Psychologist Walter Mischel died last year. If you didn’t know him you still may have heard of his ‘infamous’ marshmallow experiments. In these experiments, Mischel and colleagues designed “the marshmallow test” in which a child was asked to choose between a larger treat, such as two cookies or marshmallows, and a smaller treat, such as one cookie or marshmallow.
After stating their preference (usually the larger treat), the child was told that in order to obtain that preference, it was necessary to wait for the experimenter to return. The child was also told that if he or she signalled to the experimenter before they returned, the experimenter would return and the child would receive the smaller treat. To get the larger treat, the child was required to resist the temptation to get the immediate gratification assured by the smaller treat.
The marshmallow tests demonstrated the importance and ability to delay gratification and also helped in identifying strategies that make it possible to delay gratification.
According to these experiments, children who were best able to wait in that situation when they were four years old were probably going to be more socially and academically successful as high school students and generally performed better in aptitude tests.
When Mischel followed up with the parents of the children who took the test years later, he found a staggering correlation between those children who had difficulty delaying gratification and their outcomes in life as adults.
Mischel’s experiments have since been criticised for pegging a lifetime of experiences to a four to six-year-old’s reaction to the offer of either one or two marshmallows. Whatever the veracity of his findings, the message for us is clear.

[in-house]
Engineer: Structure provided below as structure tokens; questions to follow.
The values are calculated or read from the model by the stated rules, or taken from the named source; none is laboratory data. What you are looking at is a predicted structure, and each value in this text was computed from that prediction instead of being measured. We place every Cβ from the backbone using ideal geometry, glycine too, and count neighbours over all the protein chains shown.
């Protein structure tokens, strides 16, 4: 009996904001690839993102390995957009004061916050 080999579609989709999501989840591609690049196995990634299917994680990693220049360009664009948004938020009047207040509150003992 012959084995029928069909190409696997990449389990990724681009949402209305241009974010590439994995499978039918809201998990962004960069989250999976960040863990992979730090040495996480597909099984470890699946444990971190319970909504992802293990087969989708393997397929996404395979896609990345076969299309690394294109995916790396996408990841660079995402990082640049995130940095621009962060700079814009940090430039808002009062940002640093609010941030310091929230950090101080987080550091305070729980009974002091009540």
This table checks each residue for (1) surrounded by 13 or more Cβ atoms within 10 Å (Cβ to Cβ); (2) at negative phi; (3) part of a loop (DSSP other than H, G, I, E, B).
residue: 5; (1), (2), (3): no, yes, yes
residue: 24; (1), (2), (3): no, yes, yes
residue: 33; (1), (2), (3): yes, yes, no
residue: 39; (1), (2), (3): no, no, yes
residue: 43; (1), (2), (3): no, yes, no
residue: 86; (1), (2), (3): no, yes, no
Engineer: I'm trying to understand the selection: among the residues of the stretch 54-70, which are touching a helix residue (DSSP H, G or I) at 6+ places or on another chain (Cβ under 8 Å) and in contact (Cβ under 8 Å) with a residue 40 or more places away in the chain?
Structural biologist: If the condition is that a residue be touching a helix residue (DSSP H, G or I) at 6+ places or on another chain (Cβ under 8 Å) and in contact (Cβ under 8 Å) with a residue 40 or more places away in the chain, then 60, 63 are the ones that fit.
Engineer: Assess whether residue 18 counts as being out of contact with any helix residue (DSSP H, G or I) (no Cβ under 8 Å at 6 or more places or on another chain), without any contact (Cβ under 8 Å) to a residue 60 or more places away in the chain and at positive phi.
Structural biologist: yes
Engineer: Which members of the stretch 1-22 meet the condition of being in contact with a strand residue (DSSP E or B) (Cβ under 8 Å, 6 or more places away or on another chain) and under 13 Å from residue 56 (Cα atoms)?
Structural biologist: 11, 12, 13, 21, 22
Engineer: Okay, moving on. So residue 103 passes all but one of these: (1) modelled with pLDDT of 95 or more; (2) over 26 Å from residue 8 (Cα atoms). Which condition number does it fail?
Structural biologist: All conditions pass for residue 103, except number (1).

Forbearance is as important in early life as in adulthood. It is as important for countries as it is important for children and adults. Unfortunately in this age, forbearance is the road least travelled – with many of us individuals and countries failing to make wise choices, and choosing to live in the moment.
In economics, an alternative way of looking at immediate self-gratification would be in terms of opportunity cost. The benefit foregone by consuming now what could have been consumed tomorrow or taking ones irons out of the fire too quickly.
Our generations have largely forgotten the idea of forbearance. They have also been sold the assiduous lie that Africans did not or do not save. This is a complete untruth. I clearly recall my grandmother’s uncanny ability to distinguish between ‘food’ and seeds. Granaries (ebyaagi) were a common feature in serious households. How then can we talk of the ‘lack of a savings culture’?
Until the advent of biotechnology companies and genetically modified foods, forbearance was what ensured that our people did not go hungry. Slowly and inexorably, our people are losing the fight against genetically modified organisms and invariably control of our economies, all because of a lack of forbearance.
Our societies are ‘now’ or ‘kagwirawo’ societies, where a short-term orientation is an everyday reality. Where the pleasure principle tends to override the survival principle. We would rather buy that nice suit or car as opposed to saving for retirement. As countries we would rather borrow and invest in a shiny airport or highway rather than ensure that the country’s children are getting a proper education.
Immediate gratification carries the risk of becoming addictive and creating the impression that it is easy to be successful by living in the moment.
True we need food, water, and sex in order to survive and pass our genetic code on to the next generation, but that cannot be all there is to a fulfilled life or progressive society. However, the discomfort of delayed gratification and a sense of purpose seem to be things of the past.
Even if he is dead, Mischel’s heirs are alive to the fact that we love our marshmallows now and they are happy to let us have them.
Prof Sejjaaka is country team leader at Mat Abacus Business School.